Flying Falafel & Po-Boys
Try this UT-area eatery for an interesting balance between Mediterranean fare and New Orleans standards
Reviewed by Virginia B. Wood, Fri., Oct. 2, 2009
Flying Falafel & Po-Boys2001 Guadalupe, 494-1400
Friday, 11am-10pm; Saturday, noon-10pm; Sunday, noon-7pm
To paraphrase the legendary Gertrude Stein: A good cook is a good cook is a good cook. Regardless of a person's native cuisine, someone with well-honed skills and an educated palate can add new ethnic or regional dishes to his or her repertoire with relative ease. Nuha Haddad mastered the dishes of her native Jordan and the surrounding Mediterranean and then added dishes from her adopted home in New Orleans plus a kickass version of Southern fried chicken to her culinary arsenal before her family relocated to Austin. All this cooking expertise is available daily in the cozy University of Texas campus-area eatery where the Haddad family matriarch, daughter Nancy, and son Shadi dispense genuine hospitality and mighty good food.
We originally heard about Flying Falafel from a reader last spring and hurried in for an excellent roast beef po'boy ($5.99), drenched in savory debris gravy, and a luxurious serving of the Thursday special, a Jordanian dish called menssef – fluffy rice and crunchy toasted pine nuts topped with tender chicken ($9.99) or succulent lamb ($11.99) in a tangy yogurt cream sauce – a hearty, soul-satisfying dish if ever there was one. The menu is an interesting balance between Mediterranean fare and New Orleans standards. For example, you'll find both lentil soup ($4.99) and seafood gumbo ($9.99) on the menu. Monday's hot lunch special is red beans and rice with smoked sausage and corn bread ($7.99), and the Tuesday special is Shadi's favorite, bamya ($9.99), baby okra and boneless chicken in a garlic tomato sauce over rice. After contributor Claudia Alarcón raved about another secret weapon, the Wednesday fried chicken special ($9.99), I picked up an order of chicken to go. The aroma alone was so seductive that I had to park and eat a drumstick before driving home. Hot and juicy with a spicy cayenne kick, the chicken pieces are encased in a perfect mahogany crust. The serving includes sausage jambalaya and a creamy scoop of potato salad. We're lucky this good cook lives here now.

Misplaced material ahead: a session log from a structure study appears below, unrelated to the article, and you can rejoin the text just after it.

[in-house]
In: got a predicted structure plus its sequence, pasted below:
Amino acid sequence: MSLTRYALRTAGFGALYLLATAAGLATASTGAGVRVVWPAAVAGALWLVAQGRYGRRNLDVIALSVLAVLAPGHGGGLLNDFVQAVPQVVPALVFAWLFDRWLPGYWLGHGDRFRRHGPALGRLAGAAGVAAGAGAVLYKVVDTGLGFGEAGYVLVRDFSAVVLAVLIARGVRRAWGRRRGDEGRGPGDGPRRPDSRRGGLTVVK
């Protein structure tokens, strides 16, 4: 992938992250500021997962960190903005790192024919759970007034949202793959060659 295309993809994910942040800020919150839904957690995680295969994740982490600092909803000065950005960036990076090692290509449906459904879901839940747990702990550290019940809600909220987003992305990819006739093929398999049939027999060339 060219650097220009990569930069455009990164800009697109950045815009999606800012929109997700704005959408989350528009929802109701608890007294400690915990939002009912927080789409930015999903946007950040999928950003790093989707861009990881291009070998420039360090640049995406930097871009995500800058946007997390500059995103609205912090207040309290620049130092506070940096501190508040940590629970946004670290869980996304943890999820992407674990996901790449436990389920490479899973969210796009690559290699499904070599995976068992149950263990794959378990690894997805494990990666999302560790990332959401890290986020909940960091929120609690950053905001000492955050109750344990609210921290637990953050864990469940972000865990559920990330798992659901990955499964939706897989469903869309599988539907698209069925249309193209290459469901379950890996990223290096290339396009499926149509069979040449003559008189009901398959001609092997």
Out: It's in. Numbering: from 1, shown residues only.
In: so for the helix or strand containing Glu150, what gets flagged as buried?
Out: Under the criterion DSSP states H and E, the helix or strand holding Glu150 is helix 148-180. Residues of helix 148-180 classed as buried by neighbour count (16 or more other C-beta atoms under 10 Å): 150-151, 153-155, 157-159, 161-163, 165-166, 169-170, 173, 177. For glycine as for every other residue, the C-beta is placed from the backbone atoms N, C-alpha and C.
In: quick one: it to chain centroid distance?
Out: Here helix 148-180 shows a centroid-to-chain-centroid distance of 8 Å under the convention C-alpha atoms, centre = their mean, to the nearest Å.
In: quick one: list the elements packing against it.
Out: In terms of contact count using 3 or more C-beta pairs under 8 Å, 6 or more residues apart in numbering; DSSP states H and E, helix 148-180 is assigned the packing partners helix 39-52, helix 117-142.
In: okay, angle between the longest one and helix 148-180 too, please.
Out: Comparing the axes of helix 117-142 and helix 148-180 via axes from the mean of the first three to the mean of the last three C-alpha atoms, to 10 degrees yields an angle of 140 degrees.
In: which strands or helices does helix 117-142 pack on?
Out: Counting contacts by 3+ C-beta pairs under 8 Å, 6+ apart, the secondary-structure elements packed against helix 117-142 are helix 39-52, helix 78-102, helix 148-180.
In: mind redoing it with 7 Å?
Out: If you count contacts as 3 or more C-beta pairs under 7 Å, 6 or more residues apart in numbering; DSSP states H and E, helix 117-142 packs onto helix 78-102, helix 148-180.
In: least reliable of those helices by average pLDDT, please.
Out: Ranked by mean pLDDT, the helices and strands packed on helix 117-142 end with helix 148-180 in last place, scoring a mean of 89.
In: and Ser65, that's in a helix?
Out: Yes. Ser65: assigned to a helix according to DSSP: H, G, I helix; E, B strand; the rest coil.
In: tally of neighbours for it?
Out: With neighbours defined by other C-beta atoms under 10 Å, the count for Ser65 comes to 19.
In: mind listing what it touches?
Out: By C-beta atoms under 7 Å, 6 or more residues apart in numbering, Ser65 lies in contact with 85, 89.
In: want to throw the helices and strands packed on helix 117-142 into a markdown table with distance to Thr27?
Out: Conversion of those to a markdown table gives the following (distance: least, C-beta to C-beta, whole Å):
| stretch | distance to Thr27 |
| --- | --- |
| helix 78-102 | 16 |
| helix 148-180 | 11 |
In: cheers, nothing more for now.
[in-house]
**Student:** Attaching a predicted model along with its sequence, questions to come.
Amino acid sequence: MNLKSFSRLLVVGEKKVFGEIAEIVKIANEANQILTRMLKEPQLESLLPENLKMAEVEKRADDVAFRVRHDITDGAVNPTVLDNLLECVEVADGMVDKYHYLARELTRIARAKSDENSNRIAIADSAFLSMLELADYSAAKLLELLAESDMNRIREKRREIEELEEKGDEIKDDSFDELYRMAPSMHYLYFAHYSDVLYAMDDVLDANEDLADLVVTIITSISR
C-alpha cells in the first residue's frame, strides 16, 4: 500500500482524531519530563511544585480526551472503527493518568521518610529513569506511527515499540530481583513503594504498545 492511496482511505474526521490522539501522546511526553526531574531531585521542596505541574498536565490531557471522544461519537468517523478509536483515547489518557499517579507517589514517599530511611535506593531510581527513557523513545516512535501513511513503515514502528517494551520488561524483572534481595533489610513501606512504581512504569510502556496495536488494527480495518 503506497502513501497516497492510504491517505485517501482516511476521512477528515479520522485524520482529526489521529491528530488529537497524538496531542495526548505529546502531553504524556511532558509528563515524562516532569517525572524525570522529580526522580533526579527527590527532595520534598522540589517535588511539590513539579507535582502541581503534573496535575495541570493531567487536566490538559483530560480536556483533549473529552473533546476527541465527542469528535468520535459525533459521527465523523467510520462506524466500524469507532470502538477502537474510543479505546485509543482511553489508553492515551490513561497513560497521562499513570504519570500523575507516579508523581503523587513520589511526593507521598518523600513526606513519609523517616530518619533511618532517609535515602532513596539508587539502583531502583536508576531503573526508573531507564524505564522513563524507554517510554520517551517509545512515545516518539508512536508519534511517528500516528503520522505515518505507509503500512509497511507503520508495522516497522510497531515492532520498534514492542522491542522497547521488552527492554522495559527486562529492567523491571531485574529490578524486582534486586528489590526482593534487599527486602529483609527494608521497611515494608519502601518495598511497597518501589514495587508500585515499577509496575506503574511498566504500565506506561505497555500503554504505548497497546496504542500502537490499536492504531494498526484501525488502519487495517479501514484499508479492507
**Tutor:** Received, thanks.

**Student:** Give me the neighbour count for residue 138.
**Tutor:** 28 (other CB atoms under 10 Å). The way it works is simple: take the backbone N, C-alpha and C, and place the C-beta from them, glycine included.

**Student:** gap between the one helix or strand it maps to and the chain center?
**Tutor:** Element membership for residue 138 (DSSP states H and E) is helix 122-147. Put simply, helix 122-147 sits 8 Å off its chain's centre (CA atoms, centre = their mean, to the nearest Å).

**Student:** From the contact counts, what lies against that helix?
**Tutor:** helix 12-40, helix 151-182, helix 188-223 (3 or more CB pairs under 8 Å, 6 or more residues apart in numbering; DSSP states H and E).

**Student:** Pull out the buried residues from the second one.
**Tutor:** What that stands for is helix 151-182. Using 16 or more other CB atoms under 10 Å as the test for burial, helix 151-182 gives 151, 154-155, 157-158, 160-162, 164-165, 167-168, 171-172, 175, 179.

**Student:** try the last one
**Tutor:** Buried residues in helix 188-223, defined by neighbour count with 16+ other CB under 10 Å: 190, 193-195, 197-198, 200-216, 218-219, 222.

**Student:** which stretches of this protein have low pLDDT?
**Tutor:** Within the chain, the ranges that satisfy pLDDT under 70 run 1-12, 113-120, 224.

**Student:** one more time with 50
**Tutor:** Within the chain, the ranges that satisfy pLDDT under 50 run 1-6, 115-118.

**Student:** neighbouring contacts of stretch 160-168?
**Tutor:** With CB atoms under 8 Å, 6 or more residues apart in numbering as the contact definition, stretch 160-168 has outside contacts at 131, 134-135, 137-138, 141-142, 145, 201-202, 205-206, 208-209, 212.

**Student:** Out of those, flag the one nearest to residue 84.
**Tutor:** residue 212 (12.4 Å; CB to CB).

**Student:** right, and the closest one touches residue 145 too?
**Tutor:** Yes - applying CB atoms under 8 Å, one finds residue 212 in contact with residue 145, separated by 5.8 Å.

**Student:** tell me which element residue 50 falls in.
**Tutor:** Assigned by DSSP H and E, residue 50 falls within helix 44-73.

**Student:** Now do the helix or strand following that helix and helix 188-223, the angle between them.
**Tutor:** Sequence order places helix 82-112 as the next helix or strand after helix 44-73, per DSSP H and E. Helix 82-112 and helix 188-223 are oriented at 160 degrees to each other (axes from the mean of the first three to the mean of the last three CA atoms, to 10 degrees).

Virginia B. Wood, Fri., Jan. 1, 2010
Virginia B. Wood, Fri., July 3, 2009
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